Celebrating 19 Years on the Web
TODAY IN SCIENCE HISTORY ®
Find science on or your birthday

Today in Science History - Quickie Quiz
Who said: “Genius is two percent inspiration, ninety-eight percent perspiration.”
more quiz questions >>
Home > Category Index for Science Quotations > Category Index C > Category: Civil

Civil Quotes (6 quotes)

L’astronomie … est l’arbitre de la division civile du temps, l'ame de la chronologie et de la géographie, et l’unique guide des navigateurs.
Astronomy is the governor of the civil division of time, the soul of chronology and geography, and the only guide of the navigator.
Original French in Leçons Élémentaires d’Astronomie Géométrique et Physique (1764), iii. English as quoted in Preface to Hannah Mary Bouvier Peterson, Bouvier’s Familiar Astronomy; Or, An Introduction to the Study of the Heavens (1855), Preface, 5.
Science quotes on:  |  Astronomy (204)  |  Chronology (6)  |  Division (34)  |  Geography (27)  |  Governor (8)  |  Navigator (8)  |  Soul (166)  |  Time (595)

I am among the most durable and passionate participants in the scientific exploration of the solar system, and I am a long-time advocate of the application of space technology to civil and military purposes of direct benefit to life on Earth and to our national security.
In 'Is Human Spaceflight Obsolete?' Quoted in Issues in Science and Technology (Summer 2004).
Science quotes on:  |  Advocate (13)  |  Application (170)  |  Benefit (73)  |  Direct (84)  |  Durable (3)  |  Exploration (123)  |  Life On Earth (9)  |  Military (29)  |  National Security (3)  |  Participant (6)  |  Passionate (14)  |  Purpose (194)  |  Science (2067)  |  Solar System (61)  |  Space (257)  |  Technology (222)

In our daily lives, we enjoy the pervasive benefits of long-lived robotic spacecraft that provide high-capacity worldwide telecommunications; reconnaissance of Earth’s solid surface and oceans, with far-reaching cultural and environmental implications; much-improved weather and climatic forecasts; improved knowledge about the terrestrial effects of the Sun’s radiations; a revolutionary new global navigational system for all manner of aircraft and many other uses both civil and military; and the science of Earth itself as a sustainable abode of life.
In 'Is Human Spaceflight Obsolete?', Issues in Science and Technology (Summer 2004).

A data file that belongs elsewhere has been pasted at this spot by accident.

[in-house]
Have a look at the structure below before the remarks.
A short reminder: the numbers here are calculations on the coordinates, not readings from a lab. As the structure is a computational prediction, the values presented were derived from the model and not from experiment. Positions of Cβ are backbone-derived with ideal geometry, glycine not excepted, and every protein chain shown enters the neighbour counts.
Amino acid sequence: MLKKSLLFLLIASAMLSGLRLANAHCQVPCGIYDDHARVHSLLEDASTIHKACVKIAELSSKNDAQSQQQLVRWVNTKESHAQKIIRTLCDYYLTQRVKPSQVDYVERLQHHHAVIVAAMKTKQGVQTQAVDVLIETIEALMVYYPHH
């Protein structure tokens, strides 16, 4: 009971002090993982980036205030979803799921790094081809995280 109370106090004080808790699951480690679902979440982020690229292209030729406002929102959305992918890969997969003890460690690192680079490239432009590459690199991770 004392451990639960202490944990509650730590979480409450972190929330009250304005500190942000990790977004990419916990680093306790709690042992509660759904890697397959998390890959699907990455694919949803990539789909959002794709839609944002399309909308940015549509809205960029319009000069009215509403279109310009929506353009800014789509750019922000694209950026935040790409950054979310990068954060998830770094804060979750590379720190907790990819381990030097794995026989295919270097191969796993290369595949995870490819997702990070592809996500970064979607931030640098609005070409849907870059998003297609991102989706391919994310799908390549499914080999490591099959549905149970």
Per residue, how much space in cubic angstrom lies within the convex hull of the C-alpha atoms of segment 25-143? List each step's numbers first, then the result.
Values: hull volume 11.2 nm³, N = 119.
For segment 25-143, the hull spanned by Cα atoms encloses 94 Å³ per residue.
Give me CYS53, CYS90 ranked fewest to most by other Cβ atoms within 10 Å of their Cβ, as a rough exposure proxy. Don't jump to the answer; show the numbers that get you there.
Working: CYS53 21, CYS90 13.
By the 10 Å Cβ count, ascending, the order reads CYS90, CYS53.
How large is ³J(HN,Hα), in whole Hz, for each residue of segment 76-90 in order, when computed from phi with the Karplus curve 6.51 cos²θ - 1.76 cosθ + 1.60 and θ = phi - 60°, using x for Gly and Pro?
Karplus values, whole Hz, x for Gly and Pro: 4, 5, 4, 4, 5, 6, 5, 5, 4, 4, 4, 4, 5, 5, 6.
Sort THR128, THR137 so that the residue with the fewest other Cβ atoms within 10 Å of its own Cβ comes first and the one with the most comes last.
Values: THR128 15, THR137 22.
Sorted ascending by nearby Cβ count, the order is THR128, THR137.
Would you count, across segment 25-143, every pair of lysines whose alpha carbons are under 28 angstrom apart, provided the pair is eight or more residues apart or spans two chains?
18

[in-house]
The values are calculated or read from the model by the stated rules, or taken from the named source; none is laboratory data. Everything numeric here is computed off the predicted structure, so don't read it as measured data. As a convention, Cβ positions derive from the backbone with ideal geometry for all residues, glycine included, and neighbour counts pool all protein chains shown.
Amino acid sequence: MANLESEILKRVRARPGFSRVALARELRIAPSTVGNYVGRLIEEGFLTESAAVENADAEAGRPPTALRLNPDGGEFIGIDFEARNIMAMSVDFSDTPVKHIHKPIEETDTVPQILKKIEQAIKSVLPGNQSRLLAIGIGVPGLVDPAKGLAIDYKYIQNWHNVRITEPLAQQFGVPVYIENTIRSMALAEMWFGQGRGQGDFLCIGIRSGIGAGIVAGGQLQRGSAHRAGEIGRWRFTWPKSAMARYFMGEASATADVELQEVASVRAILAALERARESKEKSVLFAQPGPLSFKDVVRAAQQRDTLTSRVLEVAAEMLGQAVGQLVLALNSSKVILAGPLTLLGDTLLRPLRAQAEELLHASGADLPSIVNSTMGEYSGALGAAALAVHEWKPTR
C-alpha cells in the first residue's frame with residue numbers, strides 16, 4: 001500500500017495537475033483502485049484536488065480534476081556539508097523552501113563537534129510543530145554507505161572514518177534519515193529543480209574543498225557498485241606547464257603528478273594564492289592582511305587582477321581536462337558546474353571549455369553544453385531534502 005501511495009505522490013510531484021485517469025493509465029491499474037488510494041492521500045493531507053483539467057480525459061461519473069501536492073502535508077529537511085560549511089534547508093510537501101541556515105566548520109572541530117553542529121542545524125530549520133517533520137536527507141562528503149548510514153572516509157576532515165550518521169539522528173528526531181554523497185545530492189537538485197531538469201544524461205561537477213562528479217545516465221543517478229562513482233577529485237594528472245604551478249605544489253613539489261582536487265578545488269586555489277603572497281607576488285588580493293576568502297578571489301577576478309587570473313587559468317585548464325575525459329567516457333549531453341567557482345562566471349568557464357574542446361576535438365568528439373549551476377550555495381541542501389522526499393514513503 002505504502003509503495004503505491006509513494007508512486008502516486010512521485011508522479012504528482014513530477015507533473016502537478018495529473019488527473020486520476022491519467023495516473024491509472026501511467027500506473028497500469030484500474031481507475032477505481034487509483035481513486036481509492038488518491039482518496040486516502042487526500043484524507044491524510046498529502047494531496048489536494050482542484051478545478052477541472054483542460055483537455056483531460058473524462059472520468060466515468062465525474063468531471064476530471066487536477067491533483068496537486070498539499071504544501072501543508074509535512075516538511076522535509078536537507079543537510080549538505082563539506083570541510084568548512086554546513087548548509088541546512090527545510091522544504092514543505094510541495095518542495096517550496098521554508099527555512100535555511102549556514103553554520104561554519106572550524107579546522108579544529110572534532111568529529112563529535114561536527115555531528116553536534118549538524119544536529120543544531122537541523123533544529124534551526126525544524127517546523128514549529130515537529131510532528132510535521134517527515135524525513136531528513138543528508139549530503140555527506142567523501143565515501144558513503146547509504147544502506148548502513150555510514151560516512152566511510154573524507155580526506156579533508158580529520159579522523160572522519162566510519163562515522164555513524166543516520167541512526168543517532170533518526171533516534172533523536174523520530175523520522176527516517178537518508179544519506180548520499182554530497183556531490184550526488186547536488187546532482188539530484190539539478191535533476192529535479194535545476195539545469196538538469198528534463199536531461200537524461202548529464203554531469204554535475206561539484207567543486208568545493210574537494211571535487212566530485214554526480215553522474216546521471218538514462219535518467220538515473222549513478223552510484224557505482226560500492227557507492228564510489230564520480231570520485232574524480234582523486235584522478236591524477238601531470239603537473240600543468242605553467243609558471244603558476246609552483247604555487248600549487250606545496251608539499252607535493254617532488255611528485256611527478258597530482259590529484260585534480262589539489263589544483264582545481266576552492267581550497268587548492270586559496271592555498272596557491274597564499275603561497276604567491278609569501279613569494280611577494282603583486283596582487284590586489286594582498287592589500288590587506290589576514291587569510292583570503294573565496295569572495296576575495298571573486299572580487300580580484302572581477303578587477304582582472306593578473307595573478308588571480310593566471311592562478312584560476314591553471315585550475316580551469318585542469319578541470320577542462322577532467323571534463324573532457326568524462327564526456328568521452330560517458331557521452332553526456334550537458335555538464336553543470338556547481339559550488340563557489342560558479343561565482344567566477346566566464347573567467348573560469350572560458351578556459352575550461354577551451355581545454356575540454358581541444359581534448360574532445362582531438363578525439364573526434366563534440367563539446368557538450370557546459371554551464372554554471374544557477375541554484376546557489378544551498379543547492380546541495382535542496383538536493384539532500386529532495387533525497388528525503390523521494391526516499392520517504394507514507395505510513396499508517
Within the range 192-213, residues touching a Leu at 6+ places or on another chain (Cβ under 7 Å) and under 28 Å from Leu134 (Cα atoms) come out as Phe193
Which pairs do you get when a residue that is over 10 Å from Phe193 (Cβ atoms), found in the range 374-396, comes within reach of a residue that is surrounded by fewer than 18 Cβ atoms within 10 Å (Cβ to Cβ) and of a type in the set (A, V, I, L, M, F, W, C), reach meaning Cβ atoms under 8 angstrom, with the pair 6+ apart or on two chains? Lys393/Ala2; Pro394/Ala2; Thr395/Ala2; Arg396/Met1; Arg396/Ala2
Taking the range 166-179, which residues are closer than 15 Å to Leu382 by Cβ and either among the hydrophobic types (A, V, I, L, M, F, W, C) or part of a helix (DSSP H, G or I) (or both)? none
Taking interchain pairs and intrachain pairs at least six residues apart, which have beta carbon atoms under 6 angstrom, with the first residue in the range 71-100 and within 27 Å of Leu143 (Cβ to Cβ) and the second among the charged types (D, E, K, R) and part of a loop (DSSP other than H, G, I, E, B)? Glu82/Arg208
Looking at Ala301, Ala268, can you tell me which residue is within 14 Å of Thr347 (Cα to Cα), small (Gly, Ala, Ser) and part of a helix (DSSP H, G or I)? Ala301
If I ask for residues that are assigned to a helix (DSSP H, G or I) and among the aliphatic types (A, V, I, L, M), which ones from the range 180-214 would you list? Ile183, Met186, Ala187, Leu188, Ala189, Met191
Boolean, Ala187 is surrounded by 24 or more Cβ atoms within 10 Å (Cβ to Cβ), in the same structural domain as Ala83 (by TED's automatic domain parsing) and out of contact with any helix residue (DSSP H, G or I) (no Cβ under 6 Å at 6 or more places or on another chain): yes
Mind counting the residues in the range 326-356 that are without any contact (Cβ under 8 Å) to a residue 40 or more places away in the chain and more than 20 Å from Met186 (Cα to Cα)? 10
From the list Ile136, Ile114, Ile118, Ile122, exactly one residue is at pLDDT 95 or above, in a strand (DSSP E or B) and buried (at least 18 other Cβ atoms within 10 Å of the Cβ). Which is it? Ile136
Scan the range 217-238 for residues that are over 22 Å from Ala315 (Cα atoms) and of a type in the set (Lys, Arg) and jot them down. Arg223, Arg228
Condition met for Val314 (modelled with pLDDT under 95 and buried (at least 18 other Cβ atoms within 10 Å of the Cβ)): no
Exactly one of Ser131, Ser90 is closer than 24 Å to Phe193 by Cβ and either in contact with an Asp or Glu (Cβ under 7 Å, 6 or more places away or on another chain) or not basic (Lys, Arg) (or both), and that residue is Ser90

Science quotes on:  |  Abode (2)  |  Aircraft (7)  |  Benefit (73)  |  Both (81)  |  Climate (43)  |  Cultural (23)  |  Daily Life (9)  |  Earth (638)  |  Effect (166)  |  Environment (181)  |  Forecast (10)  |  GPS (2)  |  Implication (22)  |  Improve (56)  |  Knowledge (1306)  |  Life (1131)  |  Manner (57)  |  Military (29)  |  New (496)  |  Ocean (149)  |  Pervasive (5)  |  Radiation (25)  |  Revolutionary (16)  |  Robot (12)  |  Science (2067)  |  Solid (50)  |  Spacecraft (6)  |  Sun (276)  |  Surface (101)  |  Sustainable (8)  |  Terrestrial (24)  |  Weather (32)  |  Worldwide (9)

It is not surprising, in view of the polydynamic constitution of the genuinely mathematical mind, that many of the major heros of the science, men like Desargues and Pascal, Descartes and Leibnitz, Newton, Gauss and Bolzano, Helmholtz and Clifford, Riemann and Salmon and Plücker and Poincaré, have attained to high distinction in other fields not only of science but of philosophy and letters too. And when we reflect that the very greatest mathematical achievements have been due, not alone to the peering, microscopic, histologic vision of men like Weierstrass, illuminating the hidden recesses, the minute and intimate structure of logical reality, but to the larger vision also of men like Klein who survey the kingdoms of geometry and analysis for the endless variety of things that flourish there, as the eye of Darwin ranged over the flora and fauna of the world, or as a commercial monarch contemplates its industry, or as a statesman beholds an empire; when we reflect not only that the Calculus of Probability is a creation of mathematics but that the master mathematician is constantly required to exercise judgment—judgment, that is, in matters not admitting of certainty—balancing probabilities not yet reduced nor even reducible perhaps to calculation; when we reflect that he is called upon to exercise a function analogous to that of the comparative anatomist like Cuvier, comparing theories and doctrines of every degree of similarity and dissimilarity of structure; when, finally, we reflect that he seldom deals with a single idea at a tune, but is for the most part engaged in wielding organized hosts of them, as a general wields at once the division of an army or as a great civil administrator directs from his central office diverse and scattered but related groups of interests and operations; then, I say, the current opinion that devotion to mathematics unfits the devotee for practical affairs should be known for false on a priori grounds. And one should be thus prepared to find that as a fact Gaspard Monge, creator of descriptive geometry, author of the classic Applications de l’analyse à la géométrie; Lazare Carnot, author of the celebrated works, Géométrie de position, and Réflections sur la Métaphysique du Calcul infinitesimal; Fourier, immortal creator of the Théorie analytique de la chaleur; Arago, rightful inheritor of Monge’s chair of geometry; Poncelet, creator of pure projective geometry; one should not be surprised, I say, to find that these and other mathematicians in a land sagacious enough to invoke their aid, rendered, alike in peace and in war, eminent public service.